Of course it will also depend on where you are in med school too. Afterall, you’re still a student. And being a student, by default, involves being poor, broke and insecure. So the closer you are to graduating (MS3 or MS4 years), the greater possibility you might have to charm.
There’s a big difference between having a good career and saying you’re going to have one too.
If that’s what you’re hanging your hopes on…
My general advice? It probably won’t make you any more attractive than you are already. So work on all the other things; dressing well, exercising, working hard etc that you’d do otherwise. Things you’re already in control of.
But I’m no expert.
Are Med Students Attracted to Each Other?
Judging by what I see in med school among my colleagues? Yes. They’re constantly dating, breaking up, shopping around for other prospects etc (I try not to pay too much attention 👍).
Obviously being in close quarters with each other, day-in day-out, probably helps. You get to know people more that way. Or at least you did before the era of online lessons, full-time face masks and other epidemiological-based restrictions.
Then there’s the issue of time (or a lack of it). In an environment (med school) which doesn’t allow for much exposure outside of it, the inevitable is going to happen.
The same reason that accounts for 22% of the US population meeting their spouses at work.
Which Med School Has the Most Attractive Students?
The one I go to of course…👌
The truth here is that there aren’t any reliable studies to help. Only anecdote and hearsay.
This thread over at Student Doctor Network has some interesting ideas though. Here’s the common suggestions from a primarily North American med student community:
- Any Swedish med school
- McGill, Montreal (mainly for guys)
- Columbia, New York (Manhattanites always look good apparently)
- Any Caribbean med school (because it’s hot and tropical)
- Californian-based med schools
So yeah, not exactly conclusive…
I’d hazard a guess as to say every med school will have a good mix between the attractive and the mere mortal. As long as they don’t focus too strongly on accepting mature students or non-traditional grads like myself…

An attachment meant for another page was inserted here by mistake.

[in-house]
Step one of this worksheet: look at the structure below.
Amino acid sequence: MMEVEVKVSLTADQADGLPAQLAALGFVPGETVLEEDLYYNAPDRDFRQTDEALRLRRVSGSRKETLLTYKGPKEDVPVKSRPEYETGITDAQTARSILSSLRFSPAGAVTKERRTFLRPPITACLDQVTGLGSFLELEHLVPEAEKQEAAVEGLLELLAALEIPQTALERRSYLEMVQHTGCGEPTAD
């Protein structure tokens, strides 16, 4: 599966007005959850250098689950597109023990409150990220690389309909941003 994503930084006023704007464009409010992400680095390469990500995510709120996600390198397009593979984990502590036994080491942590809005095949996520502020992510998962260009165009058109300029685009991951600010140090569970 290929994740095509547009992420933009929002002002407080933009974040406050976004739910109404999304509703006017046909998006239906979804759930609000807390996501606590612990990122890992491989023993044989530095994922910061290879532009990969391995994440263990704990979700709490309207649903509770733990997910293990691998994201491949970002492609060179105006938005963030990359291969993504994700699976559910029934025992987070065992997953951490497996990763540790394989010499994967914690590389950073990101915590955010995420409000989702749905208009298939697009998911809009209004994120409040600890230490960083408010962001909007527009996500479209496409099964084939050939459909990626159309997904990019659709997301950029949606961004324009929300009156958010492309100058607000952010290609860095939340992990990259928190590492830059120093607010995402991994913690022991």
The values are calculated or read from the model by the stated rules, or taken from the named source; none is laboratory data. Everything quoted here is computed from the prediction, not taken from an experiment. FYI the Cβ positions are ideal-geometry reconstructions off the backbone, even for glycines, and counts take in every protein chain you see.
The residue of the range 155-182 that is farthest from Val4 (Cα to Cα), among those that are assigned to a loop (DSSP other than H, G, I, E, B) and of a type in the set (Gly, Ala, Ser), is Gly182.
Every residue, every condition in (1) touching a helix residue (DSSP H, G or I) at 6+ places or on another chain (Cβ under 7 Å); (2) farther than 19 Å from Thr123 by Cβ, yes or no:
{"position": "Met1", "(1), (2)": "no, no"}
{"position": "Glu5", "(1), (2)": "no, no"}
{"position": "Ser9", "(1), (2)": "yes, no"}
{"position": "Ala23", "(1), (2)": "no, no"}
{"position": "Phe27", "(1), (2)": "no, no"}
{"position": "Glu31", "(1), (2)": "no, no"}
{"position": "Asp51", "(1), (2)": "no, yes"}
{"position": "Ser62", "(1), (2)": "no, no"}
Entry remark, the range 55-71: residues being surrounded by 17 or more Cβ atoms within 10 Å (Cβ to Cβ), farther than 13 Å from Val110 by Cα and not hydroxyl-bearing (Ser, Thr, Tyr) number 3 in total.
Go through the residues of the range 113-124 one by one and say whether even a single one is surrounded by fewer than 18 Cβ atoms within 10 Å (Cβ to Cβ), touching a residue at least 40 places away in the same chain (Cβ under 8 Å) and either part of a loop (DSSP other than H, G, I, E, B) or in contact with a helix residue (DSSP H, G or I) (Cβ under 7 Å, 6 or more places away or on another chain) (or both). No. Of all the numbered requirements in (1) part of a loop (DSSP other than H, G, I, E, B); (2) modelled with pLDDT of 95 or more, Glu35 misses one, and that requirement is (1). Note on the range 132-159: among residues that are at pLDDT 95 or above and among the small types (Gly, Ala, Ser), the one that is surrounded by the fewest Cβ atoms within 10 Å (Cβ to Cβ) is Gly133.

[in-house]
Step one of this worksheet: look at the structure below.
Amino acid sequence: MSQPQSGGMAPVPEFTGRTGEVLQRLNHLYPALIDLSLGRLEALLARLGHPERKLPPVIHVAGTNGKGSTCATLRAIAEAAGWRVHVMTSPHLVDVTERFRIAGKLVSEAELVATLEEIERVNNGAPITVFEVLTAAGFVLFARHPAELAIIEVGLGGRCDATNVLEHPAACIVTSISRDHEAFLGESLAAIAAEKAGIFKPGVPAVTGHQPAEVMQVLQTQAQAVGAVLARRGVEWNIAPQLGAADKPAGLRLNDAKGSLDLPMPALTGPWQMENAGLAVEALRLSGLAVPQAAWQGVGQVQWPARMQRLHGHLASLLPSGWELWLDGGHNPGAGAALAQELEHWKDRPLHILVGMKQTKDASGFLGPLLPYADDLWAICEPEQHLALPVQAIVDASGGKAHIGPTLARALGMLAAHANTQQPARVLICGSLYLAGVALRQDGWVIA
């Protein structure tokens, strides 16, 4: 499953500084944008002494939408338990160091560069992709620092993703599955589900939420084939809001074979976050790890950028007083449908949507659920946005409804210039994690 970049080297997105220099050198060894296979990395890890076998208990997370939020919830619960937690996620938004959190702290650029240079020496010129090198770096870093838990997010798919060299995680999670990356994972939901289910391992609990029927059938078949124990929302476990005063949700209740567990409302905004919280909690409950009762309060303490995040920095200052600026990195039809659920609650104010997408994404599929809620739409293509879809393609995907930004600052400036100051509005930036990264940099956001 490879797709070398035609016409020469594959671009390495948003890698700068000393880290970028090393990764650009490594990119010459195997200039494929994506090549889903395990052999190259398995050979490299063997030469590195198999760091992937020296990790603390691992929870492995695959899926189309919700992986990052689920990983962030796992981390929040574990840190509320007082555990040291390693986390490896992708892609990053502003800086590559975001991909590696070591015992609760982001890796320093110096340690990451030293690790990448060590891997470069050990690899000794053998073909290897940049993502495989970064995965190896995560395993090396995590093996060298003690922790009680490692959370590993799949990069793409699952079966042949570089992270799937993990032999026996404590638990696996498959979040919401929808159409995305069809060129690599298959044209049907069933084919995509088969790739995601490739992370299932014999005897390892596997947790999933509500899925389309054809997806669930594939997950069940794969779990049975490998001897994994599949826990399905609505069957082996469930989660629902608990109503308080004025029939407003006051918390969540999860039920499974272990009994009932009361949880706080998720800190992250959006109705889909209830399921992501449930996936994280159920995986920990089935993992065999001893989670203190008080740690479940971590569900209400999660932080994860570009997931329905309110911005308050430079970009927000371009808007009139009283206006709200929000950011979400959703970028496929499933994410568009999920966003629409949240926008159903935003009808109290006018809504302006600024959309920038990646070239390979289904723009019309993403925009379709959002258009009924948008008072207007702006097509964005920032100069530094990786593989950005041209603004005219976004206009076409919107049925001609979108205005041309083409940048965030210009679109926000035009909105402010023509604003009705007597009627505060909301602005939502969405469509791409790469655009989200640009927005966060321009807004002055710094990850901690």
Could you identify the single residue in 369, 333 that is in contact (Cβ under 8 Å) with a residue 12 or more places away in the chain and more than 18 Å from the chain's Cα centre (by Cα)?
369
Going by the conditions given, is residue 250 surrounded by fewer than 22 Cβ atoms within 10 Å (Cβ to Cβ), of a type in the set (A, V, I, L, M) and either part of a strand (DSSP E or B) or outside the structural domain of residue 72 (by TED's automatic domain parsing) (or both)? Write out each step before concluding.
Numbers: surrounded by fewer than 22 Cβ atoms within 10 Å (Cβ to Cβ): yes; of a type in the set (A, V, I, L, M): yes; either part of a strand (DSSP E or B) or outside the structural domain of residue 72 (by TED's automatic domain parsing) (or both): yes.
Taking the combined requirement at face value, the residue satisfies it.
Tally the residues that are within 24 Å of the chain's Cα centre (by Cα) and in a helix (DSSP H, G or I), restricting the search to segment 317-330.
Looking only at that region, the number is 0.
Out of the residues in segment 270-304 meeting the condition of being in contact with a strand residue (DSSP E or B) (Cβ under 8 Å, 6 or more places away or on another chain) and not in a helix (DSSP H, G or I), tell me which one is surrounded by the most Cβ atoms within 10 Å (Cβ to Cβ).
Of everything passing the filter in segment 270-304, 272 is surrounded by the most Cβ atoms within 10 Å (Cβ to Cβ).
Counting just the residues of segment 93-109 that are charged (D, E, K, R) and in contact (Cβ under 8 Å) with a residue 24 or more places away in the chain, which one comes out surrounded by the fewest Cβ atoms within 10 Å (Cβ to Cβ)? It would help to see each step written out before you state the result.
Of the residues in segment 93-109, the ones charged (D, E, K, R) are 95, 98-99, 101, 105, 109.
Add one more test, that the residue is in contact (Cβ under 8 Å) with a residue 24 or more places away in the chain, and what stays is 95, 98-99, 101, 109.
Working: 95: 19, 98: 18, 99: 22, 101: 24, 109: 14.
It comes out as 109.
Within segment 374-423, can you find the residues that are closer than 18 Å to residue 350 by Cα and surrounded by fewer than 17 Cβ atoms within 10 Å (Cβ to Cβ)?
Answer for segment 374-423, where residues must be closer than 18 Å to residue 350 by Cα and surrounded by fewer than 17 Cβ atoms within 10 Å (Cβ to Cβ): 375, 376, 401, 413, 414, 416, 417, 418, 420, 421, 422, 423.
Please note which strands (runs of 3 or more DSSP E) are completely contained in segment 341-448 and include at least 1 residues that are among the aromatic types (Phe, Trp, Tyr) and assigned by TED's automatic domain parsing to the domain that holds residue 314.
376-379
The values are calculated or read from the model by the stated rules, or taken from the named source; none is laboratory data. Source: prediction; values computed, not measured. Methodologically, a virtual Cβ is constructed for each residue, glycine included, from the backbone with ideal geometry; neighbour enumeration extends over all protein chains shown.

Can Being Attractive Help Med School Interviews?
It’s certainly not going to be a detriment. Not if you already meet the prerequisites to get an interview in the first place.
Much like the conclusions in my article do doctors treat attractive patients differently, there will always be some element of human bias at play when it comes to selection. Especially when two candidates are equal to each other in most other aspects (admission scores, experience level, personal statements etc).
The point is it shouldn’t be something to focus on as it’s outside of our control (for the most part). And also because we still have to work to get in our foot in the door (to obtain an interview etc) first.
But, scientifically-speaking, it would be a lie to say being conventionally attractive doesn’t help.
Whatever “conventionally attractive” means…
NOTE: there is a study in Academic medicine however that DOES suggest being unattractive can be a disadvantage in getting into certain residencies. So maybe something to worry about later?
Why are med students so attractive? All we have are theories.
Maybe it’s something to do with status and career prospects. Maybe it’s the dazzling white coat and scrubs.
Maybe it’s just really good Instagram filters and video editing techniques.
Personally I don’t really care.
I’m just trying to make sense of a dumb question.
Image Credit – @austindistel at Unsplash
Born and raised in the UK, Will went into medicine late (31) after a career in digital marketing and journalism. He’s into football (soccer), learned Spanish after 5 years in Spain, and has had his work published all over the web. Read more.